Lula calls on Global South to ditch USD, trade in own currencies
Lula questions "who decided that currencies of developing currencies were weak and didn’t have value in other countries."
Brazilian President Luiz Inacio Lula da Silva called from China on countries of the Global South to work toward ditching the USD in their international trade and resort to their own currencies instead, the Financial Times reported on Thursday.
Lula is visiting China from April 12-15, where he is expected to meet with Chinese President Xi Jinping in Beijing on Friday.
The Brazilian leader also urged BRICS nations to establish a common currency as the basis of trade.
Read more: De-dollarization: Slowly but surely
“Every night I ask myself why all countries have to base their trade on the dollar,” Lula said addressing an audience in the New Development Bank in Shanghai, known as the BRICS bank.
“Why can’t we do trade based on our own currencies?” he added, amid heavy rounds of applause by the attendees. “Who was it that decided that the dollar was the currency after the disappearance of the gold standard?”
Lula's visit to China follows a similar tour by France's Emmanuel Macron, who encouraged Europe to build more strategic autonomy, including independence from the US currency.
Lula's journey to China is part of the leader's attempt to resurrect Brazil's multilateralism heritage, which was largely abandoned under previous President Jair Bolsonaro.
His China trip further reflects his policy to establish balanced relations with other countries, where the Brazilian president also made a visit to the United States last month to meet with US President Joe Biden.
Lula also visited Huawei on Thursday, China's tech giant that came under US sanctions over Washington's fear of Beijing's increased trade with global countries, most notably Europe which has made an extended amount of deals to acquire the firm's 5G advanced telecom systems.
Attending the inauguration of former Brazilian President Dilma Rousseff as the new president of the New Development Bank in Shanghai, Lula reiterated his calls to adopt local currencies as an alternative to the USD in settling trades between BRICS nations. New Development Bank members, alongside BRICS countries, include Egypt, the UAE, Uruguay, and Bangladesh.
“Who decided that our currencies were weak, that they didn’t have value in other countries?” he said.
“Why can’t a bank like that of the BRICS have a currency to finance trade relations between Brazil and China, between Brazil and other countries? It’s difficult because we are unaccustomed [to the idea]. Everyone depends on just one currency,” he said in his speech.
South Africa announced last week that it has begun preparing to host all BRICS leaders, including Russian President Vladimir Putin, as part of their participation in the August summit.
On January 18, South African Foreign Minister Naledi Pandor said the BRICS club of emerging economies seeks to discover a way of bypassing the dollar to create a fairer payment system that would not be skewed toward wealthy countries.
"The systems currently in place tend to privilege very wealthy countries and tend to be really a challenge for countries, such as ourselves, which have to make payments in dollars which costs much more in terms of our various currencies," she said then.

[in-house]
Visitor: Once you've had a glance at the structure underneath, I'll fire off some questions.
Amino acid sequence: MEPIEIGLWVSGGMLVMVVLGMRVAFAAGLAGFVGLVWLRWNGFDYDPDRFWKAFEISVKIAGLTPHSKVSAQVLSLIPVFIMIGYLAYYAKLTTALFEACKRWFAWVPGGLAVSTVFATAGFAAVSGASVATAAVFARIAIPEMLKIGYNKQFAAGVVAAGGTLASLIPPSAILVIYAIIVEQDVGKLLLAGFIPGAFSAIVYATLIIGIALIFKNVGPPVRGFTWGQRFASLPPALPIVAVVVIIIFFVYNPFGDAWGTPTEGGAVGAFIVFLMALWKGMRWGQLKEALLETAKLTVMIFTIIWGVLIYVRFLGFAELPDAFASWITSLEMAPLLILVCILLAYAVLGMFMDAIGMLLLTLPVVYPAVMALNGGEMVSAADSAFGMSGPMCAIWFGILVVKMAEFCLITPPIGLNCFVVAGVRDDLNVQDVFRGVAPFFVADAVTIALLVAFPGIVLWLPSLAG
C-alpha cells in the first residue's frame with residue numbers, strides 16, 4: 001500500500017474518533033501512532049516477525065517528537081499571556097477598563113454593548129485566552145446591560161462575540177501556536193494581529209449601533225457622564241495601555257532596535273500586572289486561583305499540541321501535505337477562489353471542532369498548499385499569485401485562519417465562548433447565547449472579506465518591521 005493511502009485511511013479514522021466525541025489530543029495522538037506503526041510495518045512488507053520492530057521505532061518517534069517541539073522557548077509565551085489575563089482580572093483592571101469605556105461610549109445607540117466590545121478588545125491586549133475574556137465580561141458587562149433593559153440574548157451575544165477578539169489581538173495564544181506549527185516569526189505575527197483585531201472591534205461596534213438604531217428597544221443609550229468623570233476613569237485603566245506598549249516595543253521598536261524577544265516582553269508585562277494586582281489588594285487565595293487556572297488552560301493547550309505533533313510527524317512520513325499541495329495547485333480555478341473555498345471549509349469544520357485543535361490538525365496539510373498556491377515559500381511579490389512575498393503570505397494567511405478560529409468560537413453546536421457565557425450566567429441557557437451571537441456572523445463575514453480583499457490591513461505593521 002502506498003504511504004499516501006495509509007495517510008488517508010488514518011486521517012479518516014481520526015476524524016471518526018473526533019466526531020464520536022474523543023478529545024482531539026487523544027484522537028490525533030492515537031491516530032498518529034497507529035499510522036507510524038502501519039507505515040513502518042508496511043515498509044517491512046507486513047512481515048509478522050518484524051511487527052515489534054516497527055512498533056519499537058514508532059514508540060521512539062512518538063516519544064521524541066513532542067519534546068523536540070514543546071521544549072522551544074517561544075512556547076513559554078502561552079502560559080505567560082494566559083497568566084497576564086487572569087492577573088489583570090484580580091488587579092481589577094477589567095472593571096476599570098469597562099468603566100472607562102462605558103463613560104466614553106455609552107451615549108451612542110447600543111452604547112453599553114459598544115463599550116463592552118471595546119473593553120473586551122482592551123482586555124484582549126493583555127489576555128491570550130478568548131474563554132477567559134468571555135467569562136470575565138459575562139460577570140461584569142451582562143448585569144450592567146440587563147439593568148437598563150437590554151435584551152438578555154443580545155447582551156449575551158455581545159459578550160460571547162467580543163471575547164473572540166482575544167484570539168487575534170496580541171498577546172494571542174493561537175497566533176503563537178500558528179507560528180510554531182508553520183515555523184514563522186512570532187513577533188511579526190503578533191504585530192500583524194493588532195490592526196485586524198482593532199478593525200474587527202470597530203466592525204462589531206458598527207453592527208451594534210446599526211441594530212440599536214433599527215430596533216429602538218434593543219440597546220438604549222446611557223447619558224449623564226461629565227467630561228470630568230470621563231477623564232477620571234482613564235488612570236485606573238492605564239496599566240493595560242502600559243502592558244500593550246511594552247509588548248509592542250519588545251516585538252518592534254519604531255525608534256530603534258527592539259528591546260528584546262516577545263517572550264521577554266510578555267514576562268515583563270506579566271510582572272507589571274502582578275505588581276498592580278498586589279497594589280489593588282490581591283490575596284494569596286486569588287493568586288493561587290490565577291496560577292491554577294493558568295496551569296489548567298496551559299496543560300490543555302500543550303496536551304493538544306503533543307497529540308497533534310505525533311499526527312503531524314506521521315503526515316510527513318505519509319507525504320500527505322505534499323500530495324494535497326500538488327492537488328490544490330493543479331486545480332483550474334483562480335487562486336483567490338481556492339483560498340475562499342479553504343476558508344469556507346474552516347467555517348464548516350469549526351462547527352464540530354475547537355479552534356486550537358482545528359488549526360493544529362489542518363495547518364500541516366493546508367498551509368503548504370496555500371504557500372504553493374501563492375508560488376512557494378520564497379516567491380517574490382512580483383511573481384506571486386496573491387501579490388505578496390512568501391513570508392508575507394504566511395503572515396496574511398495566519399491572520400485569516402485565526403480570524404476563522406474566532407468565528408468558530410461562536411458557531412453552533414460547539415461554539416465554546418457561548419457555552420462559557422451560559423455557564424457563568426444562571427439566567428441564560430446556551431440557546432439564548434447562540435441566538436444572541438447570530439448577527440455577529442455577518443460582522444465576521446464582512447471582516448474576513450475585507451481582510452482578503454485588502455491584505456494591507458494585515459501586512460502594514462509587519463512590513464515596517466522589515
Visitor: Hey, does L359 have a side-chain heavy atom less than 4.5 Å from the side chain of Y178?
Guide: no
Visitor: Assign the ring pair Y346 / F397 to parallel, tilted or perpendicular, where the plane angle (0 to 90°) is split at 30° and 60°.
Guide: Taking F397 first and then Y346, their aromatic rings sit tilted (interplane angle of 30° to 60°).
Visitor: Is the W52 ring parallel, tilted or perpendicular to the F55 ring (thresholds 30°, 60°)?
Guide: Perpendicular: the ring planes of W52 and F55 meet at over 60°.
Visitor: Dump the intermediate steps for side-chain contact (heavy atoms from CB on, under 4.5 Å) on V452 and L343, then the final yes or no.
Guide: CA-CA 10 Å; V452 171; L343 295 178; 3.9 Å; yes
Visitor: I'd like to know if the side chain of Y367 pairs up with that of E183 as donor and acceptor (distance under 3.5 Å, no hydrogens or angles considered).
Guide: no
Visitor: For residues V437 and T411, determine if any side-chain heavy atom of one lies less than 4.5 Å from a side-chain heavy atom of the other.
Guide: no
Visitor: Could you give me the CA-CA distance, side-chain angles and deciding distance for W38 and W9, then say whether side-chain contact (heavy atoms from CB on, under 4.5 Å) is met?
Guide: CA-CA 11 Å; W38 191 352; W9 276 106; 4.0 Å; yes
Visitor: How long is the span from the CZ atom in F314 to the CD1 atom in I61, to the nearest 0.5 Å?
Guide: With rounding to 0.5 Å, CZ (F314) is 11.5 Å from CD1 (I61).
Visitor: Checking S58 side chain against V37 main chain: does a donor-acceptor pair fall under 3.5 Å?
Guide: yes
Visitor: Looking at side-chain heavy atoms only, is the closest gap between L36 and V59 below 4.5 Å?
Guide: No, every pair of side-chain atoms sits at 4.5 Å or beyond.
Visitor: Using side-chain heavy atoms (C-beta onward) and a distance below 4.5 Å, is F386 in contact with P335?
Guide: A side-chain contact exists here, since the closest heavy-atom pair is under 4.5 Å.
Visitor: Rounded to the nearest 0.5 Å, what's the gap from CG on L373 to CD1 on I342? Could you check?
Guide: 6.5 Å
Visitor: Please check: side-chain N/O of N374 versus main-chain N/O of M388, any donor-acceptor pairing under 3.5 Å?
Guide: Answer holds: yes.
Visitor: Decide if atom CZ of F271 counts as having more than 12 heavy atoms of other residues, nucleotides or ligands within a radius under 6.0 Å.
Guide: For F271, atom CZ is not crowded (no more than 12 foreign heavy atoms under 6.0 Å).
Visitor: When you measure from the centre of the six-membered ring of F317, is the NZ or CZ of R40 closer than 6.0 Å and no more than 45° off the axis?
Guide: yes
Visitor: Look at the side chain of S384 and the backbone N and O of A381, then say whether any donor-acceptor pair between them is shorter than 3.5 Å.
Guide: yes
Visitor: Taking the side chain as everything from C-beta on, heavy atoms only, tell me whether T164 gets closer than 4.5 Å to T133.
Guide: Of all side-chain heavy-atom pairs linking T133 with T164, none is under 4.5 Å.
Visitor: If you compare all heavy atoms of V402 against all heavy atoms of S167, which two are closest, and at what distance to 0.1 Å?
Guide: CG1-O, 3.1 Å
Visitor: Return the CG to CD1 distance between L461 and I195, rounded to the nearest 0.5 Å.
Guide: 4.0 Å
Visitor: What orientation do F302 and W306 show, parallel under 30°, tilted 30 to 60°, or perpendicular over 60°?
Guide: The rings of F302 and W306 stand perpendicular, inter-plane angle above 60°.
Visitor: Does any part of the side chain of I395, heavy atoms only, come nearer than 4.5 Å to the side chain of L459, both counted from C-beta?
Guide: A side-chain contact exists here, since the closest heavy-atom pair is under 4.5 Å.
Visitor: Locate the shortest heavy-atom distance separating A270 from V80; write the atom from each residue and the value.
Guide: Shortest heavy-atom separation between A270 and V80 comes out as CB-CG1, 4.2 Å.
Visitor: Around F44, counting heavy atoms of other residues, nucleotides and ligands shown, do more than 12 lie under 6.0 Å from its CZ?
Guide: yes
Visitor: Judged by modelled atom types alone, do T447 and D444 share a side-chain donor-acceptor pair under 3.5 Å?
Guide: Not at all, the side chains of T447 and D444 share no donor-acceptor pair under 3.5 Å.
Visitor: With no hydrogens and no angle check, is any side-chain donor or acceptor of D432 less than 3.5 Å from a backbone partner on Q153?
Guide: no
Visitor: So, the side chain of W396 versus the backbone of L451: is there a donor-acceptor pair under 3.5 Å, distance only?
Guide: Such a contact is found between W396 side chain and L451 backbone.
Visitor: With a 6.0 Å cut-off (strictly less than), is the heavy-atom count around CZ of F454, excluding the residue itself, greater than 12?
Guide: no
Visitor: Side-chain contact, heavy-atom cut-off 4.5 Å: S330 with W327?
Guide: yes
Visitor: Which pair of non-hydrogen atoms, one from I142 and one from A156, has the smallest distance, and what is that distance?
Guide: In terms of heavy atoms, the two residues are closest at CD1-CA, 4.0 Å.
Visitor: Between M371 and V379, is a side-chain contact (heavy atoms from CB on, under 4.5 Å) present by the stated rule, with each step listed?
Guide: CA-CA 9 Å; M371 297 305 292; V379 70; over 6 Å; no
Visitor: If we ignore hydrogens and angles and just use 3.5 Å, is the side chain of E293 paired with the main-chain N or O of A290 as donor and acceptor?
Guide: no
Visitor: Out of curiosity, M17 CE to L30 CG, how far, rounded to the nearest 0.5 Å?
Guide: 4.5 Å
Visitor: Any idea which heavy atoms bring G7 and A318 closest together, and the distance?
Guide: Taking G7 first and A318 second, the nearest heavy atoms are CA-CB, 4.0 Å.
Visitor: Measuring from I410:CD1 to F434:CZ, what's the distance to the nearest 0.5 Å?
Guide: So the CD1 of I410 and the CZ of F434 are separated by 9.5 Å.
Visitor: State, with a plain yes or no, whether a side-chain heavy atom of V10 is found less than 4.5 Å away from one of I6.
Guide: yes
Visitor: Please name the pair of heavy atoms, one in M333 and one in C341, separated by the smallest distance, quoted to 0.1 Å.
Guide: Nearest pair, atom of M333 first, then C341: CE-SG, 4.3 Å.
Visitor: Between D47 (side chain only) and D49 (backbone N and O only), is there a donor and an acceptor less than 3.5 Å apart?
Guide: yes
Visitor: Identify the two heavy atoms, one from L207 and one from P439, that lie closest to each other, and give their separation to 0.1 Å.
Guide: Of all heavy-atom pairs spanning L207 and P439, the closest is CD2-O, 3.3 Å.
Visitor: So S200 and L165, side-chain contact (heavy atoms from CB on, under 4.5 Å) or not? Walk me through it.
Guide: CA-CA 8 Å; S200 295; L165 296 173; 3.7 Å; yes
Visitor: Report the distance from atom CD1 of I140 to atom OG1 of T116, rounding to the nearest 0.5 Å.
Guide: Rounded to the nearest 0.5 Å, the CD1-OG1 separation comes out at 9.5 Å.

More nails in Washington's hegemony coffin
More systems, such as BRICS, Shanghai Cooperation Organisation, and countries taking part in China's Belt and Road Initiative, are growing as alternative trade and monetary bodies to ones dominated and influenced directly by the United States, which exploited these international organizations to extend its hegemony and colonization in vast parts of the world.
Earlier in March, China and Brazil struck a deal to ditch the US dollar in their bilateral transactions, which is expected to reduce investment costs and develop economic ties between the two countries.
This week, Brazil's branch of the state-owned Industrial and Commercial Bank of China (ICBC) made its first local transaction directly in Chinese yuan, according to Chinese state media.
The agreement between the Asian superpower and Latin America's largest economy - the mutual top trading partners - was the latest of the ongoing financial and political strikes against the green banknotes.
In 2022, trade volume between the economic giants hit a historic record of over $150.5 billion in bilateral trade - as Beijing increased its purchase of Brazil's agricultural products and minerals and further expanded its investments in Latin America's largest market.
Read more: BRICS to establish a 'geological platform'
China's yuan has more than doubled to 4.5% in global trade, the SWIFT financial system said according to its data. Russian Central Bank announced earlier that the share of the Chinese Yuan on the Russian exchange market increased to 39% in March.
An economist at the American bank and financial giant Goldman Sachs considered that the Chinese yuan is expected to grow even more in global trade, citing financial structural reasons.
“In light of the renminbi’s comparatively small role in trade finance relative to China’s market share of around 15 per cent in global goods trade . . . it makes sense for the currency’s share of trade finance to continue rising,” Maggie Wei said according to the Financial Times.
However, the economist claimed that serious challenges face Brazil's aims to ditch the USD in the near future, as the dollar is crucial for the trade of global trade of commodities and their benchmarks.